Better Living Through Chemistry
It’s not just every day that you find a film which suggests that the best way out of career doldrums and a dull marriage is through infidelity, experimentation with narcotics and plotting a murder.
Better Living Through Chemistry is surprisingly breezy dark comedy/romantic comedy hybrid which rides some terrific acting performances to make the film seem better than it actually is.
For Sam Rockwell’s manic lead performance alone it is definitely worth seeing.
Rockwell plays Douglas Varney, a repressed small-town pharmacist who works for his wife (Michelle Monaghan) Kara’s overbearing father Walter (Ken Howard). Douglas always does the right thing, never pushes the envelope, eats sensibly, has boring hobbies and throws himself into a job he hates. Even his grade school-aged son – a budding juvenile delinquent who is conversely an overweight nerd – feels mostly disdain for his dad. Doug is also pushed around by his customers and his employees, especially a perpetually stoned delivery guy played by Ben Schwartz.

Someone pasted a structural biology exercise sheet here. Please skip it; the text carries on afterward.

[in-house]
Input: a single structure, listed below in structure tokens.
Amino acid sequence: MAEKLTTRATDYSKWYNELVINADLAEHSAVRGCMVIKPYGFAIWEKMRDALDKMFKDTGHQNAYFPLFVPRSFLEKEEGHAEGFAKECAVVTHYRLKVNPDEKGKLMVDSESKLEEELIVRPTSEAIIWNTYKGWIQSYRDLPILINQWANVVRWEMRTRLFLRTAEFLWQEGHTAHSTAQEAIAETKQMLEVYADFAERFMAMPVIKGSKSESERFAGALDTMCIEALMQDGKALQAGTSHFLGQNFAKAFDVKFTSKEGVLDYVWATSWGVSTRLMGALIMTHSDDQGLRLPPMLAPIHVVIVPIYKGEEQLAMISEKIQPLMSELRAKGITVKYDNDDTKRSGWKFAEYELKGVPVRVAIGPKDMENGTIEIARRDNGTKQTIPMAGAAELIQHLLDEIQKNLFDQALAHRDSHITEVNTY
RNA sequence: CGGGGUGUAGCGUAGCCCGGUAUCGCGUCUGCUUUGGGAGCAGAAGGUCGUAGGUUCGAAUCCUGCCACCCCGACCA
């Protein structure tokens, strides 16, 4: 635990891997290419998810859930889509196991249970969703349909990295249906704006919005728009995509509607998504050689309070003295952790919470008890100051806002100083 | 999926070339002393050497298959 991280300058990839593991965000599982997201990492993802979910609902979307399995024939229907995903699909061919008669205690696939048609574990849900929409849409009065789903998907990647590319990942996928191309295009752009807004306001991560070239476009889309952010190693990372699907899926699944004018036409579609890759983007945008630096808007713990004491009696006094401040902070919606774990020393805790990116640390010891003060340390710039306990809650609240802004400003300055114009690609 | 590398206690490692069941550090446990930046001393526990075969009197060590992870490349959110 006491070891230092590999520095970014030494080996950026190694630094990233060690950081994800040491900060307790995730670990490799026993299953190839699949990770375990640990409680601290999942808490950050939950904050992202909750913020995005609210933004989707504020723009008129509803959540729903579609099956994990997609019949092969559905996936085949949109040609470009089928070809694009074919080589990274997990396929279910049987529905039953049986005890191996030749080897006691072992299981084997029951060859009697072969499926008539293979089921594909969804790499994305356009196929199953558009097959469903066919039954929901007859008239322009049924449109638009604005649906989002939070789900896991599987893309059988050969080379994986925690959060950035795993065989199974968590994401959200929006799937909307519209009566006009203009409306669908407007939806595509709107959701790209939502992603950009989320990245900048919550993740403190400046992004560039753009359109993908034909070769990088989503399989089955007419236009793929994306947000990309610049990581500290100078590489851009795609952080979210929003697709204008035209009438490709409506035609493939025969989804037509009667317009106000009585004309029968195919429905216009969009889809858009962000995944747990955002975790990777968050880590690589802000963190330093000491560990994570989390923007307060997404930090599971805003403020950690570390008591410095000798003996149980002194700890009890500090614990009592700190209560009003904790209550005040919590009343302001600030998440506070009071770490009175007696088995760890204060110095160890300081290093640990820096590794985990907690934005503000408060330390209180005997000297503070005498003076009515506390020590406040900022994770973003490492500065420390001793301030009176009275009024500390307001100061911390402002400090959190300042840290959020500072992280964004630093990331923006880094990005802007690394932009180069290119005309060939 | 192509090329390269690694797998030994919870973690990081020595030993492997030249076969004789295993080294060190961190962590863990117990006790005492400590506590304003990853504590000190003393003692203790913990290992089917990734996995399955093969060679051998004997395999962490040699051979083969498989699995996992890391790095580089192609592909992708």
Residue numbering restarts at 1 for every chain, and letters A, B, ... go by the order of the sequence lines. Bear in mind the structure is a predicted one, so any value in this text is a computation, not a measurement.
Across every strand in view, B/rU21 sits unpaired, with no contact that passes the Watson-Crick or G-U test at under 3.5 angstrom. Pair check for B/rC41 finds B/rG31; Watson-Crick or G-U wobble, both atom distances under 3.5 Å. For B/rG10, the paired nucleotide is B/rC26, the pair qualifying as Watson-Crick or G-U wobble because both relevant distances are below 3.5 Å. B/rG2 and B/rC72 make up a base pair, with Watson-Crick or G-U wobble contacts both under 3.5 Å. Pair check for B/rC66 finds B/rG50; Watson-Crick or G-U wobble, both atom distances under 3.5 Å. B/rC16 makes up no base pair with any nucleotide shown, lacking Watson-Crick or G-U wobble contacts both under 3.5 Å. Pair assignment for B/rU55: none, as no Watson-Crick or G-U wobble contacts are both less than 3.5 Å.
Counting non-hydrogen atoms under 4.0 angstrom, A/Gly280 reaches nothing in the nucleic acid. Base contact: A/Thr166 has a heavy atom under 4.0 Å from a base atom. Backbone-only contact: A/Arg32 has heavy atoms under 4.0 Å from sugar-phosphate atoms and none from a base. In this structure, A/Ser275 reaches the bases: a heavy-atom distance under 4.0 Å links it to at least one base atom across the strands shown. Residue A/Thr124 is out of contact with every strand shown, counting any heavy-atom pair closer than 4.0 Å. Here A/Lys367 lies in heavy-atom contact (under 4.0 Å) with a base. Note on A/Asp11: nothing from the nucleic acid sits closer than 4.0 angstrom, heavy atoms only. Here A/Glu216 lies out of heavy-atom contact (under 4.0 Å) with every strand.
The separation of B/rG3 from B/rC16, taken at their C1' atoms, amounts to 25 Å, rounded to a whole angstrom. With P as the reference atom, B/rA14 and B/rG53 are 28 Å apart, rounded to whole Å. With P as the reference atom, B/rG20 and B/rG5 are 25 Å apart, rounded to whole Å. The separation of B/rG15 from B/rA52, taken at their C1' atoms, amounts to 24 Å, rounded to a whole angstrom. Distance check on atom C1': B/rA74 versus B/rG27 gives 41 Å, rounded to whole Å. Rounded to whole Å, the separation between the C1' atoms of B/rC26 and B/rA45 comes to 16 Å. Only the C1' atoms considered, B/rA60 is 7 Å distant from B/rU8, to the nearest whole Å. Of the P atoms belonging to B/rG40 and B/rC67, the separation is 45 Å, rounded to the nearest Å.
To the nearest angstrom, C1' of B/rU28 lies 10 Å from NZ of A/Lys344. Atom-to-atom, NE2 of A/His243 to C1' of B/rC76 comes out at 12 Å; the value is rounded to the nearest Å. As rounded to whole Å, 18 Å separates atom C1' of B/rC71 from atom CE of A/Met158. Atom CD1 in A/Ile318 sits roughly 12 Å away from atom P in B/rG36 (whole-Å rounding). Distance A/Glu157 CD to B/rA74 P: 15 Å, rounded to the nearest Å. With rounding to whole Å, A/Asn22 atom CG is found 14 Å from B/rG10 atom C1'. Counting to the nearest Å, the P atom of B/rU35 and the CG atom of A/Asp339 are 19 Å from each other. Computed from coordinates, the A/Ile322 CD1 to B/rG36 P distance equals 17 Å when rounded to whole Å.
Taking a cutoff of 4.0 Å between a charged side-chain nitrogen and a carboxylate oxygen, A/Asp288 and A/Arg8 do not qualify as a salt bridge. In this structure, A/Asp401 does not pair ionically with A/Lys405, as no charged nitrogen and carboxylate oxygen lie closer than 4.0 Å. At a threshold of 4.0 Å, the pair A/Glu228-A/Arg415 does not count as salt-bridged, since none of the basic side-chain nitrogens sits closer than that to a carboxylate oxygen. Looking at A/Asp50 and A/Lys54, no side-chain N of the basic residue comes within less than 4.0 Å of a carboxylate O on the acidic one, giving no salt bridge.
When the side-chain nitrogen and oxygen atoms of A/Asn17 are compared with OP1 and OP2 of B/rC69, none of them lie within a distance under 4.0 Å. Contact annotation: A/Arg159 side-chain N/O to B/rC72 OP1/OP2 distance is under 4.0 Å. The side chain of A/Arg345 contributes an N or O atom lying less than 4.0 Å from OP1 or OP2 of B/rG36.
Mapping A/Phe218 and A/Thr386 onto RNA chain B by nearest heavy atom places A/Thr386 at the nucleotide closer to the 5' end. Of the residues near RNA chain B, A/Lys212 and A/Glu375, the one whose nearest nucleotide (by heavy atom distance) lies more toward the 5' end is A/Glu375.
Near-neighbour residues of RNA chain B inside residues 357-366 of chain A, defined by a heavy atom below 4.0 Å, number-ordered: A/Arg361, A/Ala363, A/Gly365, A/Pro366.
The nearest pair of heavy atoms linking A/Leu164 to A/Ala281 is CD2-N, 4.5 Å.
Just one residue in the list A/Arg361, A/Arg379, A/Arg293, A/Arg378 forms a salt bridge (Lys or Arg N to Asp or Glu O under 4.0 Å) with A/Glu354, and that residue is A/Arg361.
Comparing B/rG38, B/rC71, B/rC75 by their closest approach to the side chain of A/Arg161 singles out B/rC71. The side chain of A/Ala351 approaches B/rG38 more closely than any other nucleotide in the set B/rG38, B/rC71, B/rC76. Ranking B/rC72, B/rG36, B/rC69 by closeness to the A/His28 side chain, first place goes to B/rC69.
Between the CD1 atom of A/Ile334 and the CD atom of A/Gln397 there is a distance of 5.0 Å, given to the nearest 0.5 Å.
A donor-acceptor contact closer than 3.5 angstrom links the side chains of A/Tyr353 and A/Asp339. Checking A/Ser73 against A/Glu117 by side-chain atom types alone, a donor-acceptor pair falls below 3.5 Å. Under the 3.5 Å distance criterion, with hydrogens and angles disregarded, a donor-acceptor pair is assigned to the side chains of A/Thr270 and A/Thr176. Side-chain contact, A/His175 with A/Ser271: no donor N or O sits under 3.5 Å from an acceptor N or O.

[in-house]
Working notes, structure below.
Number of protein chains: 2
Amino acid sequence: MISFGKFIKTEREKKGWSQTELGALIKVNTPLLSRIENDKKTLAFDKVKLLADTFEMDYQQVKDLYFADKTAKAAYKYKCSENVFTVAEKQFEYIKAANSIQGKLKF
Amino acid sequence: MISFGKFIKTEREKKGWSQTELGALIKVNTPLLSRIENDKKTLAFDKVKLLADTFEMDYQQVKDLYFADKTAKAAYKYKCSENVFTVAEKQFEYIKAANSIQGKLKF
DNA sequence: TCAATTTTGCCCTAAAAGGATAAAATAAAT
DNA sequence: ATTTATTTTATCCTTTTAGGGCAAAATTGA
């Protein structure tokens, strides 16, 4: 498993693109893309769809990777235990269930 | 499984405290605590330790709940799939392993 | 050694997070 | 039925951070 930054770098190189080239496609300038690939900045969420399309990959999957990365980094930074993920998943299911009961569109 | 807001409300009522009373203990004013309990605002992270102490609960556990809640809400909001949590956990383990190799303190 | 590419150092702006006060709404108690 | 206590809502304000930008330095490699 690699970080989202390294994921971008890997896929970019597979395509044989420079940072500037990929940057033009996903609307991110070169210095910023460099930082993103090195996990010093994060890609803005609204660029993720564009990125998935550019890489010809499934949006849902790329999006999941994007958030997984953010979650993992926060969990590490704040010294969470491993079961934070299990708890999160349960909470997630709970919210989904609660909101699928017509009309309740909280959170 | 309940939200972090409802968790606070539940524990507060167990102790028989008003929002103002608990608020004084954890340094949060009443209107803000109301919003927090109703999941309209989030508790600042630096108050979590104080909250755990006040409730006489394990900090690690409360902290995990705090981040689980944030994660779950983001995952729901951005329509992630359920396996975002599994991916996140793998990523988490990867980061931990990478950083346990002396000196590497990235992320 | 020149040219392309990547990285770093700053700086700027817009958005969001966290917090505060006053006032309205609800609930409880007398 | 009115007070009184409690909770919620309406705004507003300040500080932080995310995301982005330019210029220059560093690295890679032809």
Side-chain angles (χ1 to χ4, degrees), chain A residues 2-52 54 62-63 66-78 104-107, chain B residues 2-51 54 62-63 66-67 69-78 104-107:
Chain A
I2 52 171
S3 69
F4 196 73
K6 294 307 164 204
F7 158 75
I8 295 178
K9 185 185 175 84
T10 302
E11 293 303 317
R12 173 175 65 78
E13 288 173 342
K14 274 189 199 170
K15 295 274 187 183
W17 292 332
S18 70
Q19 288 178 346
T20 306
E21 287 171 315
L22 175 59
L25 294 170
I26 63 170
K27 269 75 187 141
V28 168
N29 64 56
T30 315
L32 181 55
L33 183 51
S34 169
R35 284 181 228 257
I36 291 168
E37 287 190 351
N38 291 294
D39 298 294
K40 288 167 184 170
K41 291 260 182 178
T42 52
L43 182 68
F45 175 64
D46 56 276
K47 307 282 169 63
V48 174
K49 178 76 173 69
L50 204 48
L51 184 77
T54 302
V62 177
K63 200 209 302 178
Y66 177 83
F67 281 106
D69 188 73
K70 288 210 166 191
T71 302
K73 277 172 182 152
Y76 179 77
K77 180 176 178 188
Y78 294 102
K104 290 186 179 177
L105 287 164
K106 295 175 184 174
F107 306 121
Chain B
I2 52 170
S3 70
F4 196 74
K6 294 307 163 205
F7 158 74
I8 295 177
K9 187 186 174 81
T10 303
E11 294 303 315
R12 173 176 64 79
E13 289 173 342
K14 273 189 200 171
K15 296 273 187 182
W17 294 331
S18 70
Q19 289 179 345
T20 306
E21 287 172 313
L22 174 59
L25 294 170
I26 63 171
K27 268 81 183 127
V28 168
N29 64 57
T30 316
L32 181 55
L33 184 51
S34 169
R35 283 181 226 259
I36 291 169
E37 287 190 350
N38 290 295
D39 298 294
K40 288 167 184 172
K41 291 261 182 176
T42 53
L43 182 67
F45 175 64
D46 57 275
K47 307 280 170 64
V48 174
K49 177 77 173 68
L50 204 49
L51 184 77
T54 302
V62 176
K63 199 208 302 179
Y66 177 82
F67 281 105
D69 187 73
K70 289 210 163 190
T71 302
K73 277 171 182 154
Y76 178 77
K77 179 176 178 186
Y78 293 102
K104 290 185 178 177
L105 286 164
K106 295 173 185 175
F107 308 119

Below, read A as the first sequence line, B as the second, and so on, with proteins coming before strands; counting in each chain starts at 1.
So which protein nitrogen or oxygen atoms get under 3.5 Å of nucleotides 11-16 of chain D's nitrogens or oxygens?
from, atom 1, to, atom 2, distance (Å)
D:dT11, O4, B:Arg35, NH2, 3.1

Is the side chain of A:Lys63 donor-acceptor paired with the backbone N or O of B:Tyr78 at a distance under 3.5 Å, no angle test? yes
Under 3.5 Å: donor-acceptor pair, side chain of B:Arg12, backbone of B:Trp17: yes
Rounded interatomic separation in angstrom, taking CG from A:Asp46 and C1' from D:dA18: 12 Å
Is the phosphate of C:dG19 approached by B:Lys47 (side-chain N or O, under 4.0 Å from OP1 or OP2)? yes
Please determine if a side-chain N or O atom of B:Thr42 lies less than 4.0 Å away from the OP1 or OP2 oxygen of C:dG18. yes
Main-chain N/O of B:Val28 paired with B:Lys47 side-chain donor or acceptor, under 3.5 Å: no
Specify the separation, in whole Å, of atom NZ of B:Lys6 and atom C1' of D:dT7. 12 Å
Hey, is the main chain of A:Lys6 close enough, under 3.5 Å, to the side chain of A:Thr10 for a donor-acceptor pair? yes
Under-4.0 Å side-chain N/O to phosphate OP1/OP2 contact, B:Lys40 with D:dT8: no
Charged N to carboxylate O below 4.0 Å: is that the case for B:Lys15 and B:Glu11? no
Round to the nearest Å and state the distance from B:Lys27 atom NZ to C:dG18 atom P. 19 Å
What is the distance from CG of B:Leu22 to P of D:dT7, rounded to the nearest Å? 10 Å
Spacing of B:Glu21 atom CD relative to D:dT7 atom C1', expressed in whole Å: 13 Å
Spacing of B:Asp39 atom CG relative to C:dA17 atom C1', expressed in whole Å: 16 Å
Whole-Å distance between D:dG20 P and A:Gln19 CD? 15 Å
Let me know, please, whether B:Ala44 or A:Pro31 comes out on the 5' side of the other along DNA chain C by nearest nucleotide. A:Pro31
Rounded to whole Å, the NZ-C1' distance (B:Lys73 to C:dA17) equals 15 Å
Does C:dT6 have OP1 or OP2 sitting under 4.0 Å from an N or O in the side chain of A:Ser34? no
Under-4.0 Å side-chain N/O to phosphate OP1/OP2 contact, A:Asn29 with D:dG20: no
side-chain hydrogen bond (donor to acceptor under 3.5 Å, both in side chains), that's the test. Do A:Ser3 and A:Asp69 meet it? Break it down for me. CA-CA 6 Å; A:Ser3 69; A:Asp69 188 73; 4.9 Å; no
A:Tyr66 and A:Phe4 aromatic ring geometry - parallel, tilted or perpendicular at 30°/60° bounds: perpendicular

Doug has a problem with confrontation, he can never speak back to anyone, in particular his blow-hard father-in-law and his passive aggressive wife. Monaghan’s wife character is a ball-busting horror. It is not hard to believe that Doug needs something more in his life, but it is hard to believe that he could have ever married her in the first place.
As so often happens in this kind of film, Doug is drawn out of his shell by a femme fatale.
Elizabeth (Olivia Wilde) is an aging trophy wife who claims her husband (Ray Liotta) abuses and ignores her. She also has a slight prescription drug problem.
Some harmless flirtation and a couple of chance meetings lead to a full-blown affair, in which the normally staid pharmacist realizes the excitement of misbehaving. Soon Doug and Elizabeth are spending their time making love, taking copious amounts of narcotics and fancifully planning her husband’s death.
Ironically, Doug’s newfound freedom and confidence makes him more interesting to the people around him. He tells off his father-in-law, relights the fire in the bedroom with Kara and has a bonding moment with his son revolving around an act of vandalism.